Skip to content

6 Ways HR Can Improve Staff-Faculty Relationships

Today at the CUPA-HR Annual Conference and Expo 2013, attendees learned about staff-faculty partnerships from concurrent session presenters Susan Christy, Ph.D., Author and Higher Education Consultant and Deborah Orlowski, Ph.D., Senior Learning Specialist at the University of Michigan.

If you weren’t at today’s session, check out the article “Transforming Staff-Faculty Relationships: Progress in Closing the Great Divide.” In it, Christy (together with Jacqueline Matthews, Associate Vice President of Human Resources at Lehigh University) provides insight into ways HR can help improve the working relationship between staff and faculty. Here are six ways they suggest increasing awareness and promoting collaboration, respectful communication and appreciation of others:

    1. Highlight successful staff-faculty relationships. Look for opportunities to recognize excellent staff-faculty working relationships on your campus. Colleges and universities often recognize individual staff and faculty members’ achievements on their websites, in publications and at campus events. Many of these instances can easily be transformed into celebrating the partnerships between staff and faculty.
    2. Create principles of community for your campus and/or strengthen the application of your existing principles. Post the principles prominently around campus and on your website, encourage others to refer to the principles often, and consider the principles a contract/commitment for both staff and faculty when mediating campus conflicts.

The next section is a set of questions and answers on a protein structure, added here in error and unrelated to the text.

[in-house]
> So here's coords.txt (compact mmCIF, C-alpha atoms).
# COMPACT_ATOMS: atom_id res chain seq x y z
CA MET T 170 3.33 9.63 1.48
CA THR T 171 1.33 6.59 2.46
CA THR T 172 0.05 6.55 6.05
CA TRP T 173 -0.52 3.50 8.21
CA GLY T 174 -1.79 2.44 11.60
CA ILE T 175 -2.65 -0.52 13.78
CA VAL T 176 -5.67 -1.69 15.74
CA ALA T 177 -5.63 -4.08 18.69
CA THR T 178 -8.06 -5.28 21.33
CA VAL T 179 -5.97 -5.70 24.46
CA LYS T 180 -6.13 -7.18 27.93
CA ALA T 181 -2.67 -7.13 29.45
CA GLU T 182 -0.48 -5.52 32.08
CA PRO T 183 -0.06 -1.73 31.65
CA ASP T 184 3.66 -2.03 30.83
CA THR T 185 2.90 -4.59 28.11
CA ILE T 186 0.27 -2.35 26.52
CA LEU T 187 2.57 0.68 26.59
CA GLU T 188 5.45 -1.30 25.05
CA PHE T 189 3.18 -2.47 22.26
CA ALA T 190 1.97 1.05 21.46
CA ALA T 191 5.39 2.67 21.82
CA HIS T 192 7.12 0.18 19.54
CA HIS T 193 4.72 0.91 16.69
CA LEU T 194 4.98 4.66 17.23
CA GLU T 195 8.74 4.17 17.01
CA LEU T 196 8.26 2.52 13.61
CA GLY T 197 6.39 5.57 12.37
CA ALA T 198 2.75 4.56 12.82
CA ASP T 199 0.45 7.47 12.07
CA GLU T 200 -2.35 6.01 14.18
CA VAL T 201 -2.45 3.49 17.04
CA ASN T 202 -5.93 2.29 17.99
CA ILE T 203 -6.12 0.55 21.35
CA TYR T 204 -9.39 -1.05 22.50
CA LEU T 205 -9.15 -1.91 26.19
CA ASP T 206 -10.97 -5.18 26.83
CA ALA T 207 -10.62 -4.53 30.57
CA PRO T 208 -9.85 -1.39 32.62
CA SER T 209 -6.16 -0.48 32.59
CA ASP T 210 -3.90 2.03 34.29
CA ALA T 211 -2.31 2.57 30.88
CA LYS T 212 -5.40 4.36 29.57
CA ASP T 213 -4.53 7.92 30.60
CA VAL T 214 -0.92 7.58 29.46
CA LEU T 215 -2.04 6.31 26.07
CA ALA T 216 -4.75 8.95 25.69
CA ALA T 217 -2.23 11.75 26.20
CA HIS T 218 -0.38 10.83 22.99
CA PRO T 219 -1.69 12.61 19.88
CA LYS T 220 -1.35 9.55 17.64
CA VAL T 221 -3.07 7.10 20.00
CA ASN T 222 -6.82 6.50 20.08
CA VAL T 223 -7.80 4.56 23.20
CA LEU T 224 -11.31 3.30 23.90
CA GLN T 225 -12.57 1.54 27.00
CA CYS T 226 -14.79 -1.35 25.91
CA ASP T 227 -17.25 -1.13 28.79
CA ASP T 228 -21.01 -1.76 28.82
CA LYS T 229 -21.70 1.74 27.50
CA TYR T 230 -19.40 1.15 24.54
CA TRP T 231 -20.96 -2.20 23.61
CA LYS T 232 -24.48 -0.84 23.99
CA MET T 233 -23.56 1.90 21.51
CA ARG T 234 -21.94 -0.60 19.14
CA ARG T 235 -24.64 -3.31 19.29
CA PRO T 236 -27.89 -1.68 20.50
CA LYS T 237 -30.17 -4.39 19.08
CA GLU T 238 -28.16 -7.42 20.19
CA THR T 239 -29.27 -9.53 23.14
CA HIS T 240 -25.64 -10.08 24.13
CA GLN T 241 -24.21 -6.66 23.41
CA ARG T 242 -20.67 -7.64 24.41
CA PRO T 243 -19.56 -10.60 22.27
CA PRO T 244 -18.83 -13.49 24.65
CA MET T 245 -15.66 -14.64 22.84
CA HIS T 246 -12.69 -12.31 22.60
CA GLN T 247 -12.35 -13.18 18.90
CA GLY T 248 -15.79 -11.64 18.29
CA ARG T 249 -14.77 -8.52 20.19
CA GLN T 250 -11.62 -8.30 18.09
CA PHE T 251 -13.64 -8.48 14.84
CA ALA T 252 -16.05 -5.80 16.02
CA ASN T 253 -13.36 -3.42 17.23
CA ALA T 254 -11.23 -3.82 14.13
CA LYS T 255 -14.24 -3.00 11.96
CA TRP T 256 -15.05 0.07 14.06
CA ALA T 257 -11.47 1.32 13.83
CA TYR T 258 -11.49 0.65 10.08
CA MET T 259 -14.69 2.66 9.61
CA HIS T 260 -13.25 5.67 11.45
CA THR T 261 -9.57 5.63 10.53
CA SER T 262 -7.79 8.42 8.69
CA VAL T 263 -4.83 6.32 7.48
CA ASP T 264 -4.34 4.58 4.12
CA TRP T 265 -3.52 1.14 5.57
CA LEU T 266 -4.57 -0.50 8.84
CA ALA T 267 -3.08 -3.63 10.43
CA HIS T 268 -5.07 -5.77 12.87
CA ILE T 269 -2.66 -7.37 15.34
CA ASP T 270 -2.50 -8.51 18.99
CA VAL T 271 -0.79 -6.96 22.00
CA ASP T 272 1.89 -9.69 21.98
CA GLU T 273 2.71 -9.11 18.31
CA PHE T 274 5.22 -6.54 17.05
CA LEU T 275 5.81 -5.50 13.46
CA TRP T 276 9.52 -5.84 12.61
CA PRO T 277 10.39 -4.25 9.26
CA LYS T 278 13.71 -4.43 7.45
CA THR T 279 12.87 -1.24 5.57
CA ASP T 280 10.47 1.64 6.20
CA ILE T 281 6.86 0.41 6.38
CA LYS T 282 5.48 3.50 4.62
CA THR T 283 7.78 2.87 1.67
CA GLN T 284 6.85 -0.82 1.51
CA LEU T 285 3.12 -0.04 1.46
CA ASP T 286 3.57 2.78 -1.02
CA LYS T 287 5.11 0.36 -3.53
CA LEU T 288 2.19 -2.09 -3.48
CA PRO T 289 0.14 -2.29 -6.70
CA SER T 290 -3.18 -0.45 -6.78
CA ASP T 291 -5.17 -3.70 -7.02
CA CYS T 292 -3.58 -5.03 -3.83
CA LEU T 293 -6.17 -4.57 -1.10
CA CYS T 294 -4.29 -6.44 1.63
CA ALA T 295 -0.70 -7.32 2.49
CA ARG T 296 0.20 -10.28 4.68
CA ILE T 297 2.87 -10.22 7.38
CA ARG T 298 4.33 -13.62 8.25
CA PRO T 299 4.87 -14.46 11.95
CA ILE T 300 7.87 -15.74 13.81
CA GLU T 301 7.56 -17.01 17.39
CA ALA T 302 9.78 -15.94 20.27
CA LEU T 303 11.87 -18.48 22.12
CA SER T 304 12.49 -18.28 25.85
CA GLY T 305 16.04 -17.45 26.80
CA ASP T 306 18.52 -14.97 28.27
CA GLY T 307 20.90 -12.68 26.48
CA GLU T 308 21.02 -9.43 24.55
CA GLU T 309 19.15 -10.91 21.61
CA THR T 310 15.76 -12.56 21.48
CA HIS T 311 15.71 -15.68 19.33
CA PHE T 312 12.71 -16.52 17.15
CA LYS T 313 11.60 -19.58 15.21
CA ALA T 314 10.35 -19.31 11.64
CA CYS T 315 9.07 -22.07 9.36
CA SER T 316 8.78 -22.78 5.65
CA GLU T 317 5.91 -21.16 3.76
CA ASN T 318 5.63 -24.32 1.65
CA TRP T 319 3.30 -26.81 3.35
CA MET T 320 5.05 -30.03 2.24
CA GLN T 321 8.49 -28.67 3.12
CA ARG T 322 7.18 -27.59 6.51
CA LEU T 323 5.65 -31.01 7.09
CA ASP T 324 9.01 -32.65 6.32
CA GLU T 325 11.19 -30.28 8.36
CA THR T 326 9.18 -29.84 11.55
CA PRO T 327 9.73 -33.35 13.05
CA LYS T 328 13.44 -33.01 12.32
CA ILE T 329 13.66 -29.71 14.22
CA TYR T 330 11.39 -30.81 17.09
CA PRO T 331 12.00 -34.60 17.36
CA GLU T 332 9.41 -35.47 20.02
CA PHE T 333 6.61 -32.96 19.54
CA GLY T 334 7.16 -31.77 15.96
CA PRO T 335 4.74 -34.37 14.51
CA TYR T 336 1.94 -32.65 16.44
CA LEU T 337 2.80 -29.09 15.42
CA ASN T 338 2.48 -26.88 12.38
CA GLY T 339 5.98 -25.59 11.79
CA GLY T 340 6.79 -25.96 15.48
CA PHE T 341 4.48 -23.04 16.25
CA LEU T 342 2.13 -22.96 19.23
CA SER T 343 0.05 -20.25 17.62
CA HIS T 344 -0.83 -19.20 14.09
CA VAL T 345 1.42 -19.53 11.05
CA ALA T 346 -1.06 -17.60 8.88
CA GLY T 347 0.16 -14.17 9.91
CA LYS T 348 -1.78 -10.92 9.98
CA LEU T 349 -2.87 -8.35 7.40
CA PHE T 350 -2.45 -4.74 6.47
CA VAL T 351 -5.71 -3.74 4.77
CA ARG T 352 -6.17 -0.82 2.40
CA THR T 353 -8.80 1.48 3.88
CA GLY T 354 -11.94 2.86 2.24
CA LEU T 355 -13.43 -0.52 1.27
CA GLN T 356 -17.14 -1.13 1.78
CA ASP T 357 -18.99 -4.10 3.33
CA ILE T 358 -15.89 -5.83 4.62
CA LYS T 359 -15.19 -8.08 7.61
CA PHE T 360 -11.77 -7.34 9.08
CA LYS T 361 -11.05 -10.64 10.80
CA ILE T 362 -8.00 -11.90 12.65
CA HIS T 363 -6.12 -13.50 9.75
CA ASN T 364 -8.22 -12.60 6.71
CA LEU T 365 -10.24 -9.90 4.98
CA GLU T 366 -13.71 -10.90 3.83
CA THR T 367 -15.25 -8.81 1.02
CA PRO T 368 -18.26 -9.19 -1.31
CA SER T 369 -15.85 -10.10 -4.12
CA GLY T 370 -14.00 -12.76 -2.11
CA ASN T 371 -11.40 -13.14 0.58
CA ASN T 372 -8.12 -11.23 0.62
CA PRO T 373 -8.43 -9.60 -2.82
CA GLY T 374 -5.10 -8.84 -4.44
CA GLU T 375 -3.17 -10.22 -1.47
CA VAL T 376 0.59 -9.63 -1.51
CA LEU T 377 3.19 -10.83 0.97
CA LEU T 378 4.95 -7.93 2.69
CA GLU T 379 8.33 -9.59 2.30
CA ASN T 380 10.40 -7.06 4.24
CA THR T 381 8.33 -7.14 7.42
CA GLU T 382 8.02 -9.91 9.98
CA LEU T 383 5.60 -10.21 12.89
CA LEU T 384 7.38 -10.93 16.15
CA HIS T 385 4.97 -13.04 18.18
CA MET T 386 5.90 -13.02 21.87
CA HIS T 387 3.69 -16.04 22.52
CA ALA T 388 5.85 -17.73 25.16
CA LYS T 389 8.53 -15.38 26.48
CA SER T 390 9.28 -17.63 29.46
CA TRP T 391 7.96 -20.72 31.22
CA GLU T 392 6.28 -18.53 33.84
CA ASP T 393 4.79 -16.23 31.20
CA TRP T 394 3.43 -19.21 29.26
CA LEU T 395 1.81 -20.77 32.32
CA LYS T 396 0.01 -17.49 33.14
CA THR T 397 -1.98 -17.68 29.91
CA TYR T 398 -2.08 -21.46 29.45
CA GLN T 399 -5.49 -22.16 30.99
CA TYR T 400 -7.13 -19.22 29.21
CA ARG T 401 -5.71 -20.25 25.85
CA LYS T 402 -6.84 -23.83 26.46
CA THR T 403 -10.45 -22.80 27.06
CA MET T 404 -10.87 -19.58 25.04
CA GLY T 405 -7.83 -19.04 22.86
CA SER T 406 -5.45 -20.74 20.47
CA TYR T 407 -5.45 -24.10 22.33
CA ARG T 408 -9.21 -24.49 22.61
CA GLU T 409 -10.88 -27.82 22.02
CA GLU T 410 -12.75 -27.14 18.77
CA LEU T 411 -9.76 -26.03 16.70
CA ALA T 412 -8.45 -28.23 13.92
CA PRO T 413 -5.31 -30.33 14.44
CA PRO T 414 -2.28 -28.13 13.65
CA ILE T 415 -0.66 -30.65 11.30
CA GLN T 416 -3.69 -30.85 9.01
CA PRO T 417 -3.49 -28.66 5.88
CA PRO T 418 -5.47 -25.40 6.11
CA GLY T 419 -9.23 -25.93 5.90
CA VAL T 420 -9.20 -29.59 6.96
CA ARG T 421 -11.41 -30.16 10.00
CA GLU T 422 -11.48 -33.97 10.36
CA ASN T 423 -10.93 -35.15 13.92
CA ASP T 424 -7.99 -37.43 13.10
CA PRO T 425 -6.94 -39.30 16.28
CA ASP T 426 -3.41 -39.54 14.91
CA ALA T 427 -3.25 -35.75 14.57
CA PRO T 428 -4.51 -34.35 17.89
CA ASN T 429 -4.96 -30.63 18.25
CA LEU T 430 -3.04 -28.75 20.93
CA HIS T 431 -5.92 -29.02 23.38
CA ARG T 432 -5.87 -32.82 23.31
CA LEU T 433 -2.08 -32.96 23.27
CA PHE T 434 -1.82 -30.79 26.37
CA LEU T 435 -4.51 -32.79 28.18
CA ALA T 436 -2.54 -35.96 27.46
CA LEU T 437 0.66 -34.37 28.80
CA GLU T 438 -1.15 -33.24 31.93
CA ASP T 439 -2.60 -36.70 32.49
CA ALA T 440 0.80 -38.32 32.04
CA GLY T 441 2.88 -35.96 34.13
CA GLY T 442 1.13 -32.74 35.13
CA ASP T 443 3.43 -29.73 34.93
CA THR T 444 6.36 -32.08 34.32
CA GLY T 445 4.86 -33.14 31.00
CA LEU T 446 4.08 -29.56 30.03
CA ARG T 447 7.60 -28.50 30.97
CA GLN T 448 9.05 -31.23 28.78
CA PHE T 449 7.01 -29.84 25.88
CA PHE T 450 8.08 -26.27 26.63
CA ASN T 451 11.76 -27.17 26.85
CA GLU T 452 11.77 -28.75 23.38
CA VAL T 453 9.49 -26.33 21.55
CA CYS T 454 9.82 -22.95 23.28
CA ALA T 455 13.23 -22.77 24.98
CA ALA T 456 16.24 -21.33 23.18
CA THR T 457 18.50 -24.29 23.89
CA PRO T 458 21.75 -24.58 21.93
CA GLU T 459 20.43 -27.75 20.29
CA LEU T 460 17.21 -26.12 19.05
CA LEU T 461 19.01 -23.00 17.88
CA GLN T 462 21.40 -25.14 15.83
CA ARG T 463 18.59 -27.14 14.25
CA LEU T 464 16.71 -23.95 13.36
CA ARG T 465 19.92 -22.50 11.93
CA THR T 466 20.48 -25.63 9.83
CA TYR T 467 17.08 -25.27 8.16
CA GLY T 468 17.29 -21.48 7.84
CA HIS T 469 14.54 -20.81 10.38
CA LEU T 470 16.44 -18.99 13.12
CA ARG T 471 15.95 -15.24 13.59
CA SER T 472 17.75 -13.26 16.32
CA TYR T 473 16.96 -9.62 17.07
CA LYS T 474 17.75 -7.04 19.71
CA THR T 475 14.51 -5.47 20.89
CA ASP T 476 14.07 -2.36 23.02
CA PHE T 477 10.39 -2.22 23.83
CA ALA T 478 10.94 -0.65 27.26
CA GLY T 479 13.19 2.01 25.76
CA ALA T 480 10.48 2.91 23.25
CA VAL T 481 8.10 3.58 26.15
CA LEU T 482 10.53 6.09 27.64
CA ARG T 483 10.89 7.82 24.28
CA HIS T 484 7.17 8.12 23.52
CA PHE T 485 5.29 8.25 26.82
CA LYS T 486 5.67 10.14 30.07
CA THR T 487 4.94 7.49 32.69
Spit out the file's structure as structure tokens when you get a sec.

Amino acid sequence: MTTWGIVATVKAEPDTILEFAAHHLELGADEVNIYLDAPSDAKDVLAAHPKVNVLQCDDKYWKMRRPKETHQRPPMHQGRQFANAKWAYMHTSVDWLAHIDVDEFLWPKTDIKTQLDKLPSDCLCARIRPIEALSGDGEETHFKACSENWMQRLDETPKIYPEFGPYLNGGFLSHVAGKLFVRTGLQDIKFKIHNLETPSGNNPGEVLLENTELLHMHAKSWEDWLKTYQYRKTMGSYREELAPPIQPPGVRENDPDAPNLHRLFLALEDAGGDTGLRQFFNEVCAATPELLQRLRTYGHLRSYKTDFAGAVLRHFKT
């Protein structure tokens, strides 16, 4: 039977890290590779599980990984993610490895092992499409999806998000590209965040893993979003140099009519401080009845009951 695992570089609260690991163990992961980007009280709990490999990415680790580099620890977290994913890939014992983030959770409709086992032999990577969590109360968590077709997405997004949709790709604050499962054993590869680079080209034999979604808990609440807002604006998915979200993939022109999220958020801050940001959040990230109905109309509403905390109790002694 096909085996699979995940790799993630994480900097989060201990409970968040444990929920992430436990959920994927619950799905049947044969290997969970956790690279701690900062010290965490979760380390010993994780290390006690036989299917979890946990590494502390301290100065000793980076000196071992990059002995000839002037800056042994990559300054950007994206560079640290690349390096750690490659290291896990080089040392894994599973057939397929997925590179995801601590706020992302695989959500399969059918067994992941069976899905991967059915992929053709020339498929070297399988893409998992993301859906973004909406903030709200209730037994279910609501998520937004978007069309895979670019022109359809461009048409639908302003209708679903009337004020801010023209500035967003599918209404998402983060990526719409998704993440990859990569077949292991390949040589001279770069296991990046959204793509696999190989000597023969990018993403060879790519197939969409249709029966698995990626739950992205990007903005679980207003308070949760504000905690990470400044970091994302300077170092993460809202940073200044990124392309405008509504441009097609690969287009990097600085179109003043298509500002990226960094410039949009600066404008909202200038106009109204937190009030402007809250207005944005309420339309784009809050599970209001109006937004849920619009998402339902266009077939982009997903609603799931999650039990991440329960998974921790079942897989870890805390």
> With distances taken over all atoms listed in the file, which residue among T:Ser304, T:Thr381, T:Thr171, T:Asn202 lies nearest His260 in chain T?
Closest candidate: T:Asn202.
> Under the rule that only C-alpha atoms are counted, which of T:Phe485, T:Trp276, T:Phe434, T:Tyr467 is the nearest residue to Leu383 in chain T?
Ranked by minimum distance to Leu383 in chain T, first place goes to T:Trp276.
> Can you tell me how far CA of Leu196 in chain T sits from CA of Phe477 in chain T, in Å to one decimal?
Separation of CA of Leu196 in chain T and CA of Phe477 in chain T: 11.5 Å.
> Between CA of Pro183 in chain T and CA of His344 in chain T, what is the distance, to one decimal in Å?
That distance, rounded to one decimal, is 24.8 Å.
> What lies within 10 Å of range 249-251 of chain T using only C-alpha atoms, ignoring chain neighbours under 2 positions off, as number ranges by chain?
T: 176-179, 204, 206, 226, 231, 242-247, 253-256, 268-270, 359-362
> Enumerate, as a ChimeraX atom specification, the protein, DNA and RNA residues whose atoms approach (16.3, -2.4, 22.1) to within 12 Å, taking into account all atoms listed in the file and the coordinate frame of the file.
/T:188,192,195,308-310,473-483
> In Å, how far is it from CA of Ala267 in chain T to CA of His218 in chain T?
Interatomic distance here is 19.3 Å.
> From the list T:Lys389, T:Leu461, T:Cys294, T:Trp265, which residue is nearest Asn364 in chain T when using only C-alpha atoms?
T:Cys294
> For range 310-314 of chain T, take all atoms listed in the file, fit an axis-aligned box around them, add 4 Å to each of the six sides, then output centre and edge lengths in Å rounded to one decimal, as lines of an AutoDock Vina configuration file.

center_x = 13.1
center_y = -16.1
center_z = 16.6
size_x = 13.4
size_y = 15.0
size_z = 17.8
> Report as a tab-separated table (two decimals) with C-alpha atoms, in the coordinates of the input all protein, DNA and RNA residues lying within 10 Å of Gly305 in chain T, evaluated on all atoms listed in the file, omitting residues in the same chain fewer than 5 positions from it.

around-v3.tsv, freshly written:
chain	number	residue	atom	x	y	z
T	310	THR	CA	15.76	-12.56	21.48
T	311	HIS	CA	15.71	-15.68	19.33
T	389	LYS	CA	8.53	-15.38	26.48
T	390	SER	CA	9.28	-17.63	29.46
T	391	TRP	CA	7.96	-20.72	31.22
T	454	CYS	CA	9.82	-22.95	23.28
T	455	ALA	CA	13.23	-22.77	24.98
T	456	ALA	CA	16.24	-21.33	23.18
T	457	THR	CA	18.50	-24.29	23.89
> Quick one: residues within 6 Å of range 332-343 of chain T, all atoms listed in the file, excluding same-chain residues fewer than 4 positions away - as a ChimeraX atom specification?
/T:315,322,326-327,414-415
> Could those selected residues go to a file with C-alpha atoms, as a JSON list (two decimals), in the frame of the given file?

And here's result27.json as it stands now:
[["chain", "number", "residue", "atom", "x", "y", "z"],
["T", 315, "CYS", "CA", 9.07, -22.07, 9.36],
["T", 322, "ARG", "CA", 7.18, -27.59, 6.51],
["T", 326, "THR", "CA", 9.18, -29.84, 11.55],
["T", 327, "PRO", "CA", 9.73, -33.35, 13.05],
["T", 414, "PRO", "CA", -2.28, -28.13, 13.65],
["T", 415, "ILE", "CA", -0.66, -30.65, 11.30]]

3. Upgrade your staff training. Plan your staff and management trainings to include specifics about academia, faculty priorities and work styles, how to anticipate faculty needs and communicate professionally with faculty, and how to work as a campus-wide team to support faculty. Encourage external trainers and consultants to customize their approaches for academia and your campus.
    4. Expand your faculty leadership training. Help faculty to manage their staff-faculty relationships effectively, learn collaboration and delegation skills, and discuss the two mindsets (and expectations) about organizational structure.
    5. Consider new chair orientation. Help academic department chairs understand more about how to manage faculty and support collegial and respectful staff-faculty partnerships. You may find department chairs to be conflict-averse. They may need support or encouragement to take a stand against inappropriate faculty behavior.
    6. Orient new employees to academia and work with faculty. Help new staff employees understand academia and how it is different from working in the private sector, how to understand and work effectively with faculty, and how to create a team with other staff members across campus.

What is on your list to improve staff-faculty relationships on campus? Share with us in the comment section below.

If you want to learn more, check out the full list and article which appeared in the CUPA-HR eNews August 8, 2012.

Related Posts Plugin for WordPress, Blogger...